Octogenarian Tony winner George S. Irving is anchoring a sprightly cast in a revival of Kander and Ebb's neglected musical The Happy Time at the McGinn-Casale Theater in New York City. Like the larger-scale Encores! series at City Center (something! about this type of production! seems to demand! exclamation points!), Musicals Tonight! presents neglected and forgotten musicals in "staged concert" format. I have some comments on the format, in which the cast holds their scripts while performing, but first, to the matter at hand: The Happy Time.
First produced in 1968, the show was Kander and Ebb's follow-up to their breakout hit Cabaret. The score is quite pleasing and includes some really lovely tunes, including "I Don't Remember You" and "Please Stay." Irving, who now plays Grandpère, was a member of the original cast. Here he has a blast playing the gruff but lovable dirty old paterfamilias of a bickering Québécois family that's sent into a tizzy by the return of prodigal son Jacques (Timothy Warmen).
Though Jacques hesitantly reconnects with his old flame Laurie (the graceful, angel-voiced Sarah Solie), the story's main relationship is the one between him and his pubescent nephew Bibi (David Geinosky), who yearns to escape his teasing schoolmates and strict father into something like Jacques's glamorous photographer's life. As a substitute for a central love story, this relationship works a little weirdly. Warmen, despite some stagey awkwardness early on (and an excessive vibrato), eventually invests Jacques with depth, and Geinosky gives a touching and generous performance as the boy, but the bawdy humor that hops up much of Act I also bestows some unwanted creepiness on the two male leads' mutual affection. Jacques also suffers an identity crisis that, at least to twenty-first century eyes, suggests a possibly unintended double meaning.
Since Bibi is only thirteen or so, we don't quite know how to take some of these cues. Fortunately Geinosky (a grown actor) is good at portraying the confusions of adolescence. And the story is fundamentally about how people grow up, and what happens when some people don't.
There's plenty of drama in growing up – it's probably the second most common theme of the stories we tell. But this particular telling lacks the crisp pace and transparent narrative flow that make a great Broadway musical. In the second act, when the father-son-uncle conflict becomes explicit, the drama draws neatly towards completion, but because of the early ambiguity and the show's length, we look back quizzically on the opening scenes, which is not an intended effect.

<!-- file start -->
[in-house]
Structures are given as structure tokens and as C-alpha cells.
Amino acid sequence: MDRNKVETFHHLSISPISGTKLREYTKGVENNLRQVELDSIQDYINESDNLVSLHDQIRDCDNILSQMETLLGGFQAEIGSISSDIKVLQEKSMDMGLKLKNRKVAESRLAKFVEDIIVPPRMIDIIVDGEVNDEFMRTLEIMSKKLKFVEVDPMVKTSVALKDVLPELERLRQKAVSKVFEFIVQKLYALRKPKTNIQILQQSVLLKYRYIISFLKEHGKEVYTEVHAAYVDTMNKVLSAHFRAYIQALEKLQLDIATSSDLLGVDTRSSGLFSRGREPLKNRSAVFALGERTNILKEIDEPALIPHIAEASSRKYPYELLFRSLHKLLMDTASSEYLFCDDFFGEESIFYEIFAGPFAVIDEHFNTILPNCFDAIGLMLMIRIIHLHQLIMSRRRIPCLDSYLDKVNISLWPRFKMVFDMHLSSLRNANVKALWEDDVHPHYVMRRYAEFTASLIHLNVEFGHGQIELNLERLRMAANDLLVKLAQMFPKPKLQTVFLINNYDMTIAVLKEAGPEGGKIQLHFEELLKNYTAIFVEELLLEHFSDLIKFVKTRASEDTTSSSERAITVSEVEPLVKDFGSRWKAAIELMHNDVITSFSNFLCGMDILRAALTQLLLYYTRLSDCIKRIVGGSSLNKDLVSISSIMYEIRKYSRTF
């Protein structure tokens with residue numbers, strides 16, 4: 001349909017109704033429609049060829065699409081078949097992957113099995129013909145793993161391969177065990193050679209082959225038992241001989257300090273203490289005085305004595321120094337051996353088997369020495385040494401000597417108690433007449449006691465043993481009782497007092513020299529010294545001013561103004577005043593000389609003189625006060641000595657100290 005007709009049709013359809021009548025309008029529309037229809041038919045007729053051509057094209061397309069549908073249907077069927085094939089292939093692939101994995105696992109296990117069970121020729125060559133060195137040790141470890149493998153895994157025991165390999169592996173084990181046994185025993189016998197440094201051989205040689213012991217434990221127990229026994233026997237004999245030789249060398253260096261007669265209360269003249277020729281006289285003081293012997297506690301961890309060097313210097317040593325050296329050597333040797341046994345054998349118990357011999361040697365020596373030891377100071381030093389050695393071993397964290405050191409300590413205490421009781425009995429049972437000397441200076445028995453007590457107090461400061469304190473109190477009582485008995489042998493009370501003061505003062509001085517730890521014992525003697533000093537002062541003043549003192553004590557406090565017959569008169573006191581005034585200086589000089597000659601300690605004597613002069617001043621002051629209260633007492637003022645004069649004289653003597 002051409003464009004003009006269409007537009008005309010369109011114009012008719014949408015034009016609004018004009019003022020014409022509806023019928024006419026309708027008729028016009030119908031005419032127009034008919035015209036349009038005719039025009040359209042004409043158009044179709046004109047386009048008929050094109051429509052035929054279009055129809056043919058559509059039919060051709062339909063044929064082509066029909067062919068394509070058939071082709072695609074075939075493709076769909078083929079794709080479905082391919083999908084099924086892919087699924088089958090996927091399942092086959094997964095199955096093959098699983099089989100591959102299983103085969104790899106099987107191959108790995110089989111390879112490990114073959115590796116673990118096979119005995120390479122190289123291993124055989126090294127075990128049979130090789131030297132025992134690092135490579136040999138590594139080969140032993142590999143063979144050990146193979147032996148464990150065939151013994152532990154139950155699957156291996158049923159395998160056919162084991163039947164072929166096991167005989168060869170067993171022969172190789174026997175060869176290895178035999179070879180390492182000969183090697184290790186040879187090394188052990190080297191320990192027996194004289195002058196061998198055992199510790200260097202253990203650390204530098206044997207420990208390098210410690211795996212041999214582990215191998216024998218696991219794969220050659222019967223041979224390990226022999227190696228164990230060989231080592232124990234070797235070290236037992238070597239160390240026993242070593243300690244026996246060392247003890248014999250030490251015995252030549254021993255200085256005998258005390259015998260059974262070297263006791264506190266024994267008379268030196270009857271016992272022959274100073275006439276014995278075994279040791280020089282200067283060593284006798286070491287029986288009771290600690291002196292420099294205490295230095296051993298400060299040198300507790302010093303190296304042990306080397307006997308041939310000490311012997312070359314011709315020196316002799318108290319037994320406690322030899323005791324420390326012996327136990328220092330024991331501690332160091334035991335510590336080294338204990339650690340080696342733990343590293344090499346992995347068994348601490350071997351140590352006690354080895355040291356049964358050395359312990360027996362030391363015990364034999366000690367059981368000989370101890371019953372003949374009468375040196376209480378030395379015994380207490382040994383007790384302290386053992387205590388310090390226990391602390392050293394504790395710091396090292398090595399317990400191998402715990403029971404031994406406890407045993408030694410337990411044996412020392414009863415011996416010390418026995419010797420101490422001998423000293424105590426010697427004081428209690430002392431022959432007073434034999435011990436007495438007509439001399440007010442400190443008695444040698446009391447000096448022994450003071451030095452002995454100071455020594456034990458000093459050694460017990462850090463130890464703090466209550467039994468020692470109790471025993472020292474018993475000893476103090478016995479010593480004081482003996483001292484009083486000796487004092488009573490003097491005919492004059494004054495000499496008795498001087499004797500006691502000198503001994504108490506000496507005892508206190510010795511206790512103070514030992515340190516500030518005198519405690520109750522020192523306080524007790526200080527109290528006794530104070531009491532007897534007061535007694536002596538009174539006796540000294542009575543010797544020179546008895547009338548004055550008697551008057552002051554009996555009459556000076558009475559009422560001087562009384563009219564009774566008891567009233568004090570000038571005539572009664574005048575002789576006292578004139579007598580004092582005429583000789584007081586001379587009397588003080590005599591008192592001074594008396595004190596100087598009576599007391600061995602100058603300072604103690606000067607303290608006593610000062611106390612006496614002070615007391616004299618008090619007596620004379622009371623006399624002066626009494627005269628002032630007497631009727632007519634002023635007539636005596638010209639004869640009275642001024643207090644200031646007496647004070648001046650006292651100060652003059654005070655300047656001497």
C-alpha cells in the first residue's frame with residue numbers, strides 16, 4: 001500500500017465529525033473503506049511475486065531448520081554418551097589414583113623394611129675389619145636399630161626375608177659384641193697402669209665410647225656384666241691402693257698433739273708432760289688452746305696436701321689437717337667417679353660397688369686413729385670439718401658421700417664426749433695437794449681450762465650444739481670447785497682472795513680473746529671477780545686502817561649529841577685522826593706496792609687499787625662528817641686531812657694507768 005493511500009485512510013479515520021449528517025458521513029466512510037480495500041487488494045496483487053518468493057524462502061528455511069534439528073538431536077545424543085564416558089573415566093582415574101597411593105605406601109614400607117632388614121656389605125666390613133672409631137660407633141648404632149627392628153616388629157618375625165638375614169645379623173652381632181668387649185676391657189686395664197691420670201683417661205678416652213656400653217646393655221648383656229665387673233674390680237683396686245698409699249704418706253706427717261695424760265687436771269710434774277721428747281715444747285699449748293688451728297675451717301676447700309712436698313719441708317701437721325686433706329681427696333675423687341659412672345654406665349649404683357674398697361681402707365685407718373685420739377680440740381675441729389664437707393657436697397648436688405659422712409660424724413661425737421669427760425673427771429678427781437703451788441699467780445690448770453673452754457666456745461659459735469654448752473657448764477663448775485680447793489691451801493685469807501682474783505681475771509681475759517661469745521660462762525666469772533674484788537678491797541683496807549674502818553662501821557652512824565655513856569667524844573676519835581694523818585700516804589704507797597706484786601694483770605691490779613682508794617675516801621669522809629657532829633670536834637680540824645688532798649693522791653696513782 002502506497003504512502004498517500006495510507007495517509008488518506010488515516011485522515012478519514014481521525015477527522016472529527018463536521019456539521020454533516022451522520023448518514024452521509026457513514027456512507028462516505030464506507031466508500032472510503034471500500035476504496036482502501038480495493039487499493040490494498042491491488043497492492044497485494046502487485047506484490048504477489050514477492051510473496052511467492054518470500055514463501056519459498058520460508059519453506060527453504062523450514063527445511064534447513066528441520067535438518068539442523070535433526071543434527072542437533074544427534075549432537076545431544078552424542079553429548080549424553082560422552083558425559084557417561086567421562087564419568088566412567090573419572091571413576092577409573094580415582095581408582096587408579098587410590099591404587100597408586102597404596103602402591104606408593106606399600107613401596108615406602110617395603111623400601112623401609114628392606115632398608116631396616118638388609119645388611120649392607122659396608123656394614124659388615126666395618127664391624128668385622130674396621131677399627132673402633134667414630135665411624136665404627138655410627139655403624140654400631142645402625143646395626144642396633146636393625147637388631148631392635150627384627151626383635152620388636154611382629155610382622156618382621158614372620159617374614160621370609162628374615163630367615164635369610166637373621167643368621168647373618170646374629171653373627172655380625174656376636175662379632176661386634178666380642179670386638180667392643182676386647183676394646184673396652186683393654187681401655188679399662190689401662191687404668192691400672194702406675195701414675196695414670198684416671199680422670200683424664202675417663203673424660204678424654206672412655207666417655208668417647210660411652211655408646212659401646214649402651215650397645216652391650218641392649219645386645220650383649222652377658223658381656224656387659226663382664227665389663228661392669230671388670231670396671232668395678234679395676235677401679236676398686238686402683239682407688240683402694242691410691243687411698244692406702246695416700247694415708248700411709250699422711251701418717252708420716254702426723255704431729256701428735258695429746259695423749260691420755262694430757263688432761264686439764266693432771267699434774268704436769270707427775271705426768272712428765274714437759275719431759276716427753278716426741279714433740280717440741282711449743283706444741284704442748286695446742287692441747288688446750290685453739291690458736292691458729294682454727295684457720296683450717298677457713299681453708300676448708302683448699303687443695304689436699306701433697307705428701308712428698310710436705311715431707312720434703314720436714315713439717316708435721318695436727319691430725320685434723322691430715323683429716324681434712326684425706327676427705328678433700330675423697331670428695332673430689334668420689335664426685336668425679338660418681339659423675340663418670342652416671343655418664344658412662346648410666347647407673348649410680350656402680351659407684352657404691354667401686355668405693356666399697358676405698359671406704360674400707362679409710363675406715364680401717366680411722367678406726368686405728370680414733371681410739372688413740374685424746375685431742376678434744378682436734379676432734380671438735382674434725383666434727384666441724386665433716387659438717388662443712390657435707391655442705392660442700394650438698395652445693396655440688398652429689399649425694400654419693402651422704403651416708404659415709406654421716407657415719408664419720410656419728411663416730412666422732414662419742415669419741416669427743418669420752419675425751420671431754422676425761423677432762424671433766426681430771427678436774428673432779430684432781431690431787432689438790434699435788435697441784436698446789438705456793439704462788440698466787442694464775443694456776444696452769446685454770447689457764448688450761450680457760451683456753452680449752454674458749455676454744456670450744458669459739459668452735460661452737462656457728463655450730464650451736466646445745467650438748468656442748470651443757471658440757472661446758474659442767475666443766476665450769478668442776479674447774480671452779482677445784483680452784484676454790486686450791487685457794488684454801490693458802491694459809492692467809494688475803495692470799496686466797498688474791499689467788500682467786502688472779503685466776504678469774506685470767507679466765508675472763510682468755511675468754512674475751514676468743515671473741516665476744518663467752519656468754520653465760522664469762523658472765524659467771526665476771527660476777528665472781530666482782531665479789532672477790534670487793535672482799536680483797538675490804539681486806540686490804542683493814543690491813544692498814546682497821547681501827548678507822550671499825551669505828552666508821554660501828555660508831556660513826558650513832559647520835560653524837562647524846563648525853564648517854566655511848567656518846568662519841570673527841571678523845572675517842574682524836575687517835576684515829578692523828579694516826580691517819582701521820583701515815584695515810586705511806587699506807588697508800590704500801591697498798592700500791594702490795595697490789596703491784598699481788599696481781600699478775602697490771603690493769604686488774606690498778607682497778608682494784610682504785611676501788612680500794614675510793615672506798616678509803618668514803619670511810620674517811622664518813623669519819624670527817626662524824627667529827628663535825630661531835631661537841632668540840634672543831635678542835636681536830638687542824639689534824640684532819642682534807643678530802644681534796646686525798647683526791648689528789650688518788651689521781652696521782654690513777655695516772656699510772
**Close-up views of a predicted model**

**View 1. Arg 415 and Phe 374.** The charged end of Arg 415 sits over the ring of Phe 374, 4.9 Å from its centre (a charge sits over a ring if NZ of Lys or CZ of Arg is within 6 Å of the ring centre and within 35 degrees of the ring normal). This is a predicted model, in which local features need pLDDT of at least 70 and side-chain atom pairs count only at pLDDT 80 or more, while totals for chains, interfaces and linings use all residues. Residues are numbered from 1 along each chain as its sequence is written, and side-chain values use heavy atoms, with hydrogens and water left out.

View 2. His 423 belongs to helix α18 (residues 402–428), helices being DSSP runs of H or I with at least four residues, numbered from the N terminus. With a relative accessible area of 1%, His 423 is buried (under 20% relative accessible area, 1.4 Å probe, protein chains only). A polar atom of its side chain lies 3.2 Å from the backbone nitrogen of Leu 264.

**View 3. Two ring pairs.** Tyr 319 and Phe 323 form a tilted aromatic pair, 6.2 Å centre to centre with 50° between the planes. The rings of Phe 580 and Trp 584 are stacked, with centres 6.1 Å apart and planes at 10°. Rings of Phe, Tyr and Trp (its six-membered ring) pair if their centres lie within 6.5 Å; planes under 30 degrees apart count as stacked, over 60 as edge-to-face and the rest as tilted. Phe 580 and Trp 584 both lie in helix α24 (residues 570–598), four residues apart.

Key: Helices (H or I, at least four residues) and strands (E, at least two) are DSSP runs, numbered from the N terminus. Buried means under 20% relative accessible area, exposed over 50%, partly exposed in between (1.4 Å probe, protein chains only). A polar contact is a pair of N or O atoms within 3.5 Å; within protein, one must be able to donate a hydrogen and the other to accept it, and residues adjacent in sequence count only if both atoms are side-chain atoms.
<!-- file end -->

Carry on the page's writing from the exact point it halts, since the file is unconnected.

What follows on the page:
There's nothing intrinsically wrong with a story that follows an arc from lightness and humor to darkness and complexity, but our journey from Jacques's homey introduction to the bittersweet closing set-piece is too long and meandering. Our expectations, and, to a degree, our interest in the characters get dispersed. Five songs cut from the Broadway show were restored for this production, hence the length of the evening. Some songs, as my companion pointed out, didn't serve to further the action. (Probably those are the ones that had been originally cut.)
However, it's nice to hear Kander and Ebb's entire score, and I'm not sorry I did. In fact, for the music alone I can recommend this production. Winning performances from a well-rounded cast, and the presence of the aged but still sharp and hilarious George S. Irving, help bring the delicious music – flawed story in tow – to life. Larry Daggett as the drunken brother is especially droll. Charly Seamon displays brassy power in the vaudeville number, which is only one of the vehicles for director Thomas Mills's limber choreography.
But the choreography is also where the format's weakness is most evident. The actors carry around script binders and refer to them for lines, sometimes even lyrics. This, despite their valiant efforts to work around it, interferes with the flow of the action. I know that in this format the actors aren't expected to have entirely memorized their parts. But I don't quite understand how, if there's enough rehearsal time to learn Kander and Ebb's tunes with their playful melodies and time changes, and to get down all the cues and blocking and movement and dancing, there isn't time to learn the lines too. It's not halfway between a staged reading and a full-on production – it's much closer to the latter. Hence the strangeness. Admittedly, it's the first time I've seen this sort of production, and I'd welcome any enlightenment.
Through March 18. Call (212) 868-4444 or order tickets online.